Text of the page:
Towards the end of Argo, the flight tickets that Tony tried to use at the airport were cancelled.

Back in U.S., Jack is trying to reverse this situation.

When the flight attendant behind the counter checks them again through the computer they were avalilable.

All of this happens in no more than 2 minutes.

My question is how accurate is this situation portrayed, taking into account that the real events took place in 1980. Was this possible at that time? Did flight companies use Internet in those days?

  • 2
    I think that part of the complication here is whether it's actually "real time" or not... the timing of the end of the film is highly compressed and makes you feel like they're barely making it out when, in fact, they make it out quite easily.
    – Catija
    Commented Jun 21, 2016 at 19:53
  • 1
    Lack of internet doesn't mean lack of networking. This is likely to be happening within the booking system of the airline in question.
    – iandotkelly
    Commented Jun 21, 2016 at 19:55

1 Answer 1


Yes, private network computer reservation systems were in widespread use in the airline industry prior to the 1980s:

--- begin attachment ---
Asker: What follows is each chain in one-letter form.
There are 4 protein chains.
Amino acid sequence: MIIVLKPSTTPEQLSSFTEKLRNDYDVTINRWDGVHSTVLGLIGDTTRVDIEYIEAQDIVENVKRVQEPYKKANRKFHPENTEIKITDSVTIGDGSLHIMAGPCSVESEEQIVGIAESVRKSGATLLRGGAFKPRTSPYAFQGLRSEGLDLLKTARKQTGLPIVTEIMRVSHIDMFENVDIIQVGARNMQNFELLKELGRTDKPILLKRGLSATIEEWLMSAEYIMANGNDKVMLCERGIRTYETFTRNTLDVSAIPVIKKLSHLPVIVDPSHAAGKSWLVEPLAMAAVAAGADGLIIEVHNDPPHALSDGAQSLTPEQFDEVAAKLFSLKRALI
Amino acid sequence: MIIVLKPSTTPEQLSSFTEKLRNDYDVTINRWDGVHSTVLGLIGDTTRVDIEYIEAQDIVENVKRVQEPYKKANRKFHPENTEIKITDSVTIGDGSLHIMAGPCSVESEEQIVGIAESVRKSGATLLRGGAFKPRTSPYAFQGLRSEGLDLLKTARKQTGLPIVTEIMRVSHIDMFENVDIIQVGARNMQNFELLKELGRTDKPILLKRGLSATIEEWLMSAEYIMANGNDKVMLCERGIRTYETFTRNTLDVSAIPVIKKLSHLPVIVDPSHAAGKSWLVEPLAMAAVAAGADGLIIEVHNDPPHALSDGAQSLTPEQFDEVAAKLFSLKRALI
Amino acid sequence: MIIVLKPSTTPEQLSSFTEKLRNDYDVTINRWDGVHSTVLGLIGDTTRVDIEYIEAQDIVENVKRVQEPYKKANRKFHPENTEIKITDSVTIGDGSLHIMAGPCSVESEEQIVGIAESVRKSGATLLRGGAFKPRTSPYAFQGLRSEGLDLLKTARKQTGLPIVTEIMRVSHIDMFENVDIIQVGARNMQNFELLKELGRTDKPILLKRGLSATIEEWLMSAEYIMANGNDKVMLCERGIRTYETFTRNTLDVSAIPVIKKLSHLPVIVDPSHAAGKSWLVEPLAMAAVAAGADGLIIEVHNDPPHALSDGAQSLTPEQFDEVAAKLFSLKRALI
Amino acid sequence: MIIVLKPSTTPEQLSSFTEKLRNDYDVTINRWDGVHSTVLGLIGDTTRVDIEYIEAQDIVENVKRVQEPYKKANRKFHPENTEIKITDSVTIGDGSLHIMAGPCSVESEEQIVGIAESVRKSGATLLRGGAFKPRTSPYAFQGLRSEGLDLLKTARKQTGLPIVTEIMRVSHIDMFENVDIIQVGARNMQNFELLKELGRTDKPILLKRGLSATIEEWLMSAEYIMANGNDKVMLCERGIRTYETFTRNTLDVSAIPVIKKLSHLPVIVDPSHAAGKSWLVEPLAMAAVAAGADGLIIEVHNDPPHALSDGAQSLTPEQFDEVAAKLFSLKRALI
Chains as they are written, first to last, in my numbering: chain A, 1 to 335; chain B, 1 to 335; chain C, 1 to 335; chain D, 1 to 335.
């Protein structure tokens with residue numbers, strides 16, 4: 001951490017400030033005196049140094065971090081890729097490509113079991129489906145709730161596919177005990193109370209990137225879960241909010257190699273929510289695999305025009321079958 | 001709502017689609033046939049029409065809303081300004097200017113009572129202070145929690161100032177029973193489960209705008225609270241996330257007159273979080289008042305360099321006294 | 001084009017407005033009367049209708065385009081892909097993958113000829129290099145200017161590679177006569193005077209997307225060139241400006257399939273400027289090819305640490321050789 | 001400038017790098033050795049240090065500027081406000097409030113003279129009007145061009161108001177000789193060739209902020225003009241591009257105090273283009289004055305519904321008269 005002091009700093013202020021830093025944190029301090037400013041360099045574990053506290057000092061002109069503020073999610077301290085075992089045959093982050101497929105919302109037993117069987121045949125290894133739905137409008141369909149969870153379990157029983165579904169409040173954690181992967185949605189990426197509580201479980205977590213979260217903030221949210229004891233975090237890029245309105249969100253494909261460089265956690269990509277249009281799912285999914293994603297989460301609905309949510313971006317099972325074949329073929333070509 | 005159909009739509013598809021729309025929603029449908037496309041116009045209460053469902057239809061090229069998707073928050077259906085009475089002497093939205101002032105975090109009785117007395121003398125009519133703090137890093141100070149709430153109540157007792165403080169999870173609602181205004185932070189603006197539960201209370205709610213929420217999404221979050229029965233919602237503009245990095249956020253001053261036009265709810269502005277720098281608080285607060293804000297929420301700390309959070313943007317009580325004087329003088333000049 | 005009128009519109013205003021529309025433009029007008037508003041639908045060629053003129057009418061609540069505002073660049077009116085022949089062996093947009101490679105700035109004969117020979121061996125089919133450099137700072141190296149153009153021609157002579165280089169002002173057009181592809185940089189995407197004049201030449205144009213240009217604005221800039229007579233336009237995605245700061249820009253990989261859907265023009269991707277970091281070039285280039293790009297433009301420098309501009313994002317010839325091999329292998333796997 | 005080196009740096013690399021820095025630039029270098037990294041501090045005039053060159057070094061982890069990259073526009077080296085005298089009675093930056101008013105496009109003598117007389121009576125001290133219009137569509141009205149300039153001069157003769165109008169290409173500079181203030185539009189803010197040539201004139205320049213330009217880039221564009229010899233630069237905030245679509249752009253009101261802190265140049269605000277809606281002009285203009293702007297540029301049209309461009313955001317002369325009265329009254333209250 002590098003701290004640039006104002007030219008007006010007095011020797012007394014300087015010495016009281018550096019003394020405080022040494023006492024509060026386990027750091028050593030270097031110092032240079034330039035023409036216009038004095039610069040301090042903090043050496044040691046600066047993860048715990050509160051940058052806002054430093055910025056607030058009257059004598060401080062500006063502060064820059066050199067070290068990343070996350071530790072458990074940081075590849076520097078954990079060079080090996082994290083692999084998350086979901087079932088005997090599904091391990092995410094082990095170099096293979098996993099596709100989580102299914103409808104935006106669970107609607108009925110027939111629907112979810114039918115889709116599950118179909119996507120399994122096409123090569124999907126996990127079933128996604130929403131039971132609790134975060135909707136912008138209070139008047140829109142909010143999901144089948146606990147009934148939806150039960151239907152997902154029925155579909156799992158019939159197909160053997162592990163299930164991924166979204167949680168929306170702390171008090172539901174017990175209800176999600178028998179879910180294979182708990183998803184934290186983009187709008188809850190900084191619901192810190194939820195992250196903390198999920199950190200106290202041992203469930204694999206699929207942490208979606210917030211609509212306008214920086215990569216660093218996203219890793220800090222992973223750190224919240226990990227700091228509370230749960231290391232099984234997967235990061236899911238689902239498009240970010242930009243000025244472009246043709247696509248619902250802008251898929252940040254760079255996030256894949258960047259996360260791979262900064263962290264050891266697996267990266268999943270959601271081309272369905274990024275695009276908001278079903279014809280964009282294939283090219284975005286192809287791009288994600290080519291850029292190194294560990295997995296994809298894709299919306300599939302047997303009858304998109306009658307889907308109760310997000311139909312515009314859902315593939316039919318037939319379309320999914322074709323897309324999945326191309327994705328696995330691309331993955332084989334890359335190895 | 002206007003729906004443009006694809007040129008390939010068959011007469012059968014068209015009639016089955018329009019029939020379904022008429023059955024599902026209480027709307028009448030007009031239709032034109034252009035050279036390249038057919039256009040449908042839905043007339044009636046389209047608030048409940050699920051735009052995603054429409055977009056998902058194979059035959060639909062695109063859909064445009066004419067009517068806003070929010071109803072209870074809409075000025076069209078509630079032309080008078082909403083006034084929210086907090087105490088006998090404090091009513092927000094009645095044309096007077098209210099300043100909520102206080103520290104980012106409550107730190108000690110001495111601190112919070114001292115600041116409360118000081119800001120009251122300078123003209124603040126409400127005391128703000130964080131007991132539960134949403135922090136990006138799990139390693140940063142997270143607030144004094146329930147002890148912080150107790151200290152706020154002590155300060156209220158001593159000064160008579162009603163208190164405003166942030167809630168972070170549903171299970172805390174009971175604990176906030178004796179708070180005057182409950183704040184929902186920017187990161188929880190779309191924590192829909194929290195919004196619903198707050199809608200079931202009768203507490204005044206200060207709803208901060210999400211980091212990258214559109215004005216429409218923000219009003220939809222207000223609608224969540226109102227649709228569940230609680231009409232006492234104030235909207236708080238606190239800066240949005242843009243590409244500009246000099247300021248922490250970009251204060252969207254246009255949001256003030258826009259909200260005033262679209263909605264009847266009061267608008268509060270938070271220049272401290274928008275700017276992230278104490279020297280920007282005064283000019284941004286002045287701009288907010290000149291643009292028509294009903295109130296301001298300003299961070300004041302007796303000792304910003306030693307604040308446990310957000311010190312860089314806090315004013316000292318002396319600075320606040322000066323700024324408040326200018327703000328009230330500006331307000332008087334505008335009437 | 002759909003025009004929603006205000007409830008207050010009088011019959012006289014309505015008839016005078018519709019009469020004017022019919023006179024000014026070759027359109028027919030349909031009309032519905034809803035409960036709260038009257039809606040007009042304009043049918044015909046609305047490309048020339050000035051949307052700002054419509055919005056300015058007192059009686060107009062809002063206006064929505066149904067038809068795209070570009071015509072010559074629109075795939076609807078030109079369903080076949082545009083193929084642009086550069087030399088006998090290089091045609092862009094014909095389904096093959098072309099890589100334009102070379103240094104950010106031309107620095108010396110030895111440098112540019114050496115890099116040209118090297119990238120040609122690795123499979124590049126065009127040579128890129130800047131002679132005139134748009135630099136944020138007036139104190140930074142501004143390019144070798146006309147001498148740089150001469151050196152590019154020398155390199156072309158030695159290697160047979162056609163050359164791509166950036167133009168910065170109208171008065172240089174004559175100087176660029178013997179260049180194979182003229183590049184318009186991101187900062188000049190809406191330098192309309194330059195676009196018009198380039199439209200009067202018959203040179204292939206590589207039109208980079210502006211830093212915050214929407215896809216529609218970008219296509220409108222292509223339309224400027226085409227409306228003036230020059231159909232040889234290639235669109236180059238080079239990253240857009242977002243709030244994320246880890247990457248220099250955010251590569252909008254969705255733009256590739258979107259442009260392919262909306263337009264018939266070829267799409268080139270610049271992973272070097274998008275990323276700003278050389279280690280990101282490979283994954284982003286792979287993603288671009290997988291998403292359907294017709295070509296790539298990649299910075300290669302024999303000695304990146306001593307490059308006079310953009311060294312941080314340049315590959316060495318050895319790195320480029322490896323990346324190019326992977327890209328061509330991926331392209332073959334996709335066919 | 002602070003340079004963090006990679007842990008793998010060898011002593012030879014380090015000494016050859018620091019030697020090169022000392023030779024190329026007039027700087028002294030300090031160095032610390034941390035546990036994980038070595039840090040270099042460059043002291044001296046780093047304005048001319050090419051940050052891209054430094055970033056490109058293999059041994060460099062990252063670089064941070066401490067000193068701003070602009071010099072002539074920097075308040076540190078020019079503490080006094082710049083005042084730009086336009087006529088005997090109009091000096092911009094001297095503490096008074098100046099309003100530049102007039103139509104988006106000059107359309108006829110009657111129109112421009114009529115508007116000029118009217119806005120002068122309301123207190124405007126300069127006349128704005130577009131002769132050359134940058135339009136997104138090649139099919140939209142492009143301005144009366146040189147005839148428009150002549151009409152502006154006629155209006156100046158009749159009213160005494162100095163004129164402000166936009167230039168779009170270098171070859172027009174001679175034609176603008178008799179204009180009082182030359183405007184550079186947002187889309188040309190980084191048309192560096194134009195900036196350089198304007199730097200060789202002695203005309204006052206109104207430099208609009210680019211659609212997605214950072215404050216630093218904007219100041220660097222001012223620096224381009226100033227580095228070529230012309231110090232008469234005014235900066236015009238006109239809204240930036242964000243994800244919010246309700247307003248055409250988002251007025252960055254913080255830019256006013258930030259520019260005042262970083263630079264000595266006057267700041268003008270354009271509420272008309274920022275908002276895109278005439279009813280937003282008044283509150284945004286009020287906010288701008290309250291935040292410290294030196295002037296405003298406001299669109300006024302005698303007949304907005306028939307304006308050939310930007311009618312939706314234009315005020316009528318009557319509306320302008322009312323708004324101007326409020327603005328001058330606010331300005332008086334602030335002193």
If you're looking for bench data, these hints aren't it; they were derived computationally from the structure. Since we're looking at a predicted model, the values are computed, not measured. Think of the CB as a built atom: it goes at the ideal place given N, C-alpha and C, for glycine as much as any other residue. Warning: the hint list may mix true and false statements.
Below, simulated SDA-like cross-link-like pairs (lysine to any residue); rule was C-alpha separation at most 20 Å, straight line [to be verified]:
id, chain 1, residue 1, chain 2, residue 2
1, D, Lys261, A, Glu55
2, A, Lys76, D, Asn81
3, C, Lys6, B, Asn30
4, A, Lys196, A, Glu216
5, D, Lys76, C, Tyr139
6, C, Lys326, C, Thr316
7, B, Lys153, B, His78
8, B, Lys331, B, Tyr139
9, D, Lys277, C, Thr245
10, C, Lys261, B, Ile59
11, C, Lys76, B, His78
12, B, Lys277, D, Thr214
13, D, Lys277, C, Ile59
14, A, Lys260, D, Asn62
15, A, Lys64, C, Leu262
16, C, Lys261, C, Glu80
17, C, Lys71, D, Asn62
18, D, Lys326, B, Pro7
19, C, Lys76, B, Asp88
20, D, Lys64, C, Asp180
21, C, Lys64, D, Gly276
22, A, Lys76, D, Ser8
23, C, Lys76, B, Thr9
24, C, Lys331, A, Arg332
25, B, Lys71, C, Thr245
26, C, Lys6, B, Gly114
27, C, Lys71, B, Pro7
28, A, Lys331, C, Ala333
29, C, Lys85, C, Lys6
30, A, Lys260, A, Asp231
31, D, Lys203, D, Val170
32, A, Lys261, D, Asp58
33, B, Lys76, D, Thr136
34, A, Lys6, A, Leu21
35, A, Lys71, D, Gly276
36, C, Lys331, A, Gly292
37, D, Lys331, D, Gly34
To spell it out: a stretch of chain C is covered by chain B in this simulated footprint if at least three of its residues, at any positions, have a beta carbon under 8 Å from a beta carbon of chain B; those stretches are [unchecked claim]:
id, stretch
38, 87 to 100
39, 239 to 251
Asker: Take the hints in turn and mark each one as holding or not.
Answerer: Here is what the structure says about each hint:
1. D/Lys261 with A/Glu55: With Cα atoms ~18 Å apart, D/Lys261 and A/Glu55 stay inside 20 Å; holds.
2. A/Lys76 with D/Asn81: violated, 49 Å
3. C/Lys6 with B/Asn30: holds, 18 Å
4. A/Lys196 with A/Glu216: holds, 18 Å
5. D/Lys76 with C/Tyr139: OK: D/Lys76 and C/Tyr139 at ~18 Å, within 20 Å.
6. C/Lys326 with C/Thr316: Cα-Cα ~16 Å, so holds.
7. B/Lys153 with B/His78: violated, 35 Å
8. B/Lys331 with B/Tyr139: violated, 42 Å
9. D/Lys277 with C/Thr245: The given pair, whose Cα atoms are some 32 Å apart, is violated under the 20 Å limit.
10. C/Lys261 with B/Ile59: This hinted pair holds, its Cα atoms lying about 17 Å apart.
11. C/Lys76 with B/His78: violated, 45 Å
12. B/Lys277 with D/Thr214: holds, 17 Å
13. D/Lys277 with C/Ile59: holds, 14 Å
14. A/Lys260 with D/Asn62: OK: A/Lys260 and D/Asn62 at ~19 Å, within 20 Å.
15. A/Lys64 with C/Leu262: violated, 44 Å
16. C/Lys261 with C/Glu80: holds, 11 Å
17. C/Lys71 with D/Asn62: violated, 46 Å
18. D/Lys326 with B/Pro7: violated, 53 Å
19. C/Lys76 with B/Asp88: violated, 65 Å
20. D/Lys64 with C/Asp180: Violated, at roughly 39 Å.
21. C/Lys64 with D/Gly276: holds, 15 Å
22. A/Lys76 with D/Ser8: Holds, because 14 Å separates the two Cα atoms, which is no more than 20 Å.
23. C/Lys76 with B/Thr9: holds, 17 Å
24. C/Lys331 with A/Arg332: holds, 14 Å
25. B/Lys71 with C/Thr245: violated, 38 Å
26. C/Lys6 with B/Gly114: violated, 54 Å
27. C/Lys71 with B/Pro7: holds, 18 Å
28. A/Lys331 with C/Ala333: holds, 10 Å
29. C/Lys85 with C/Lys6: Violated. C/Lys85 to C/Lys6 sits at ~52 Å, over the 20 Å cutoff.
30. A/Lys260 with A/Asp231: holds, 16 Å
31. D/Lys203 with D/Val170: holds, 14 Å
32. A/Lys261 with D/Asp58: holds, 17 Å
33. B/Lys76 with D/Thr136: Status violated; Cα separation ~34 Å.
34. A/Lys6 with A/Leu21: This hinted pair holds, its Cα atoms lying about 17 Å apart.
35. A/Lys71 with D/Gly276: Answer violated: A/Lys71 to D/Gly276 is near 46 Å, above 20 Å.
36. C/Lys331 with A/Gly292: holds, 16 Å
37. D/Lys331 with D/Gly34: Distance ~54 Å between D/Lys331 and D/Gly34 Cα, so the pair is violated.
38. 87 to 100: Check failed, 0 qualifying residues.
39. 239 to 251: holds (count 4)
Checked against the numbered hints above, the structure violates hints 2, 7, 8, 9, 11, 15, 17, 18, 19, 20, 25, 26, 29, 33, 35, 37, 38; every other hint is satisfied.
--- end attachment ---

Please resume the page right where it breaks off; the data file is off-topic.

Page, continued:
A computer reservations system or central reservation system (CRS) is a computerizedsystem used to store and retrieve information and conduct transactions related to air travel, hotels, car rental, or activities. Originally designed and operated by airlines, CRSes were later extended for the use of travel agencies. Major CRS operations that book and sell tickets for multiple airlines are known as Global Distribution System (GDS).


The first remote CRS was up by 63!.

Remote access

In 1953, Trans-Canada Airlines (TCA) started investigating a computer-based system with remote terminals, testing one design on the University of Toronto's Manchester Mark 1machine that summer. Though successful, the researchers found that input and output was a major problem. Ferranti Canada became involved in the project and suggested a new system using punched cards and a transistorized computer in place of the unreliable tube-based Mark I. The resulting system, ReserVec, started operation in 1962, and took over all booking operations in January 1963. Terminals were placed in all of TCA's ticketing offices, allowing all queries and bookings to complete in about one second with no remote operators needed.

The public Internet was also up by that year, 100,000 computers strong. But Airlines used private networks.

And that computer thing is called a terminal.

Also anyone over fifty can confirm this was real.

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